"Country Roads, old theatre marquee signs/ parkin' lots and billboards flyin' by/ Spanish moss, little hick town squares/ wild roses on a river bank/ girl, its almost like you're there." - Every Mile A Memory - Steve Bogard-Brett Beavers-Dierks Bentley.

Dierks Bentley scored goals early in his career - a duet with George Jones on Murder On Music Row and hit Every Mile A Memory in acclaimed TV series The Wire.

"I also got lucky when my song Free & Easy was used in a driving commercial," Bentley, 33, told Nu Country TV on the eve of his Australian tour with superstar duo Brooks & Dunn.

"Every Mile A Memory was also used in TV on The Wire - it's a good show."

The Wire is set in Baltimore, Maryland, where it was produced and written by former police reporter David Simon.

It premiered on June 2, 2002 and ended on March 9, 2008, with 60 episodes airing over five seasons.

Equally importantly it was renowned for music by Tom Waits who wrote opening theme Way Down in the Hole for his 1987 album Frank's Wild Years.

Each season used a different recording of it performed by Blind Boys of Alabama, Waits, Neville Brothers, DoMaJe and Steve Earle.

Earle contributed Feel Alright and was also a member of the cast, playing the recovering drug addict Waylon.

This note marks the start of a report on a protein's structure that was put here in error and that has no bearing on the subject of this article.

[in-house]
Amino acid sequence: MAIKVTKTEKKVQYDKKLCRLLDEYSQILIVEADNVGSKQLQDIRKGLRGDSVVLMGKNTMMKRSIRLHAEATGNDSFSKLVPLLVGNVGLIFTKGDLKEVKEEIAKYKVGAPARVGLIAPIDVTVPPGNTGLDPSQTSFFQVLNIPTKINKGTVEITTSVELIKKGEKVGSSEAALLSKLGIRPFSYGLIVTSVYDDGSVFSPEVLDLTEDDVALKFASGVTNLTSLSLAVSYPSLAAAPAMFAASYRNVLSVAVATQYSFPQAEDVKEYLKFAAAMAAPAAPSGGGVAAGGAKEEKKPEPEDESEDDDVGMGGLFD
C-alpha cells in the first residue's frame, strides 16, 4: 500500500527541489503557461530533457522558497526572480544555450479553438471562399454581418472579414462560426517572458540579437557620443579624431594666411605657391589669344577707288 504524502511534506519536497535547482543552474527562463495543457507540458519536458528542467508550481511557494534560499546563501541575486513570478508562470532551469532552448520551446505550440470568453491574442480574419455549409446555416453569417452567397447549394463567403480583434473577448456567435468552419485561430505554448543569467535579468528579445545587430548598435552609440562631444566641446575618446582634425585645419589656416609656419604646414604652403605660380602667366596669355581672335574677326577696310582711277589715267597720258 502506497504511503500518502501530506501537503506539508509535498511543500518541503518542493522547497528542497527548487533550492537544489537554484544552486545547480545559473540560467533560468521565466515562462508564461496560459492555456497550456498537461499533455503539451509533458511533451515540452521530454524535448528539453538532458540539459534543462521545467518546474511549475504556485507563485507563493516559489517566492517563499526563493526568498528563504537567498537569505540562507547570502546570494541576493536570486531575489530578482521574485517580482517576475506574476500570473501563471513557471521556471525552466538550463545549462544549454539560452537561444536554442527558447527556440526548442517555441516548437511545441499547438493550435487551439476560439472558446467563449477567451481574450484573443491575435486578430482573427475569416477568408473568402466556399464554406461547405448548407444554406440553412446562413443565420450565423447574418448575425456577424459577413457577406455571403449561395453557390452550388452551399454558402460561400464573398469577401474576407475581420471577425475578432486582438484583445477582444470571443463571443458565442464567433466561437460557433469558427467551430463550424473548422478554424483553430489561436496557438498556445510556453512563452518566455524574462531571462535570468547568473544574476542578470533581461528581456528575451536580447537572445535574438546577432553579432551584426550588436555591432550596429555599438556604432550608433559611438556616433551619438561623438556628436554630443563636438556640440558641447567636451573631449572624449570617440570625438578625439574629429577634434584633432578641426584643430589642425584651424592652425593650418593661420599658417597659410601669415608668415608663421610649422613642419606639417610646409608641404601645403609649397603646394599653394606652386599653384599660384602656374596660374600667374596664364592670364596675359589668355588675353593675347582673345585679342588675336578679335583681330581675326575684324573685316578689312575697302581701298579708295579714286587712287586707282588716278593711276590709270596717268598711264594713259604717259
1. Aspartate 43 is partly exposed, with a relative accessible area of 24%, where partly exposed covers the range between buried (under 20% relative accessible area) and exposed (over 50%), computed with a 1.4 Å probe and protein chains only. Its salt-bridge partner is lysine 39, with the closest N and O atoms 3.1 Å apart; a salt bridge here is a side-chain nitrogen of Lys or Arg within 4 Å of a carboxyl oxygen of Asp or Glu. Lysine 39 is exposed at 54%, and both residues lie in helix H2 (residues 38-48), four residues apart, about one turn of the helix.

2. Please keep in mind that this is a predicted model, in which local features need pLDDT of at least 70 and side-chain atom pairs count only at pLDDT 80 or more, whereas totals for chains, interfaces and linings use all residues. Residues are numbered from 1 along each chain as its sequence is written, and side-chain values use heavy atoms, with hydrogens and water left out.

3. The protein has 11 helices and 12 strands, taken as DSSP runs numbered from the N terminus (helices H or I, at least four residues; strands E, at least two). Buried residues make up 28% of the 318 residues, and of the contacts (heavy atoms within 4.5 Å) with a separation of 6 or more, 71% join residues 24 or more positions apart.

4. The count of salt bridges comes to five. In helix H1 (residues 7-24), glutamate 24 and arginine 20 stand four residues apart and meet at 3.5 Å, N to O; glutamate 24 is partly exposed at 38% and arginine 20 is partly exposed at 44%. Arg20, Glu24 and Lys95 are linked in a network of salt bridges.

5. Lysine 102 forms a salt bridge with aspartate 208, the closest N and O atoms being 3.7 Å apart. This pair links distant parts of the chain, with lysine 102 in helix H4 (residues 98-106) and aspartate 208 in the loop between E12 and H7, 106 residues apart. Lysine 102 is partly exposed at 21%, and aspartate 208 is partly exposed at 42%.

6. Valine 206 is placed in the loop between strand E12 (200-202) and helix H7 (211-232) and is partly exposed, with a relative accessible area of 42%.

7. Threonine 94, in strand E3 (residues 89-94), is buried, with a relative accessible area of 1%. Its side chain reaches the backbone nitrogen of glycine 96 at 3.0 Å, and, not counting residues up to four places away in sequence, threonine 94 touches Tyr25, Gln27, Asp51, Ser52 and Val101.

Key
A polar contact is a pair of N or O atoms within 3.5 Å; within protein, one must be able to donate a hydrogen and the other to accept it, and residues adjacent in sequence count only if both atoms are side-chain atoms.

But it's music - not TV - that is the careening career conduit for the chart topping singer-songwriter from Phoenix, Arizona.


"Ain't no need to fight/ y'all take that redneck stuff outside/ that's what parking lots are for/ once you're out you ain't coming back/ the velvet rope ain't got no slack." - Sideways - Jim Beavers-Dierks Bentley.

Bentley's fifth disc Feel That Fire debuted at #3 on the all genre Billboard Top 200 chart this year and also topped country sales.

He scored his sixth No 1 hit with the title track and now soars the charts with rocking new single Sideways.

Bentley co-produced the disc with Brett Beavers - also writing partner on several of 10 original songs - and producer of his previous albums.

Bentley co-wrote 11 of 13 songs on his self-titled Capitol debut and 8 of the 11 on his third disc Modern Day Drifter.

The Beavers-Bentley collaboration is fruitful - Brett wrote nine songs that hit Top 15 for Dierks.

"We first started writing songs together in 2001," Bentley said. "We both love Waylon and Hank Williams Jr., but we wanted to give it our own spin and take it somewhere new. And so we hit it off. I like writing with him because it's easy. We're good friends, so it's always very natural. You can say what you want to say and not worry about hurting somebody else's feelings, so he's been extremely helpful in that regard. We just have a real good thing worked out and going for us."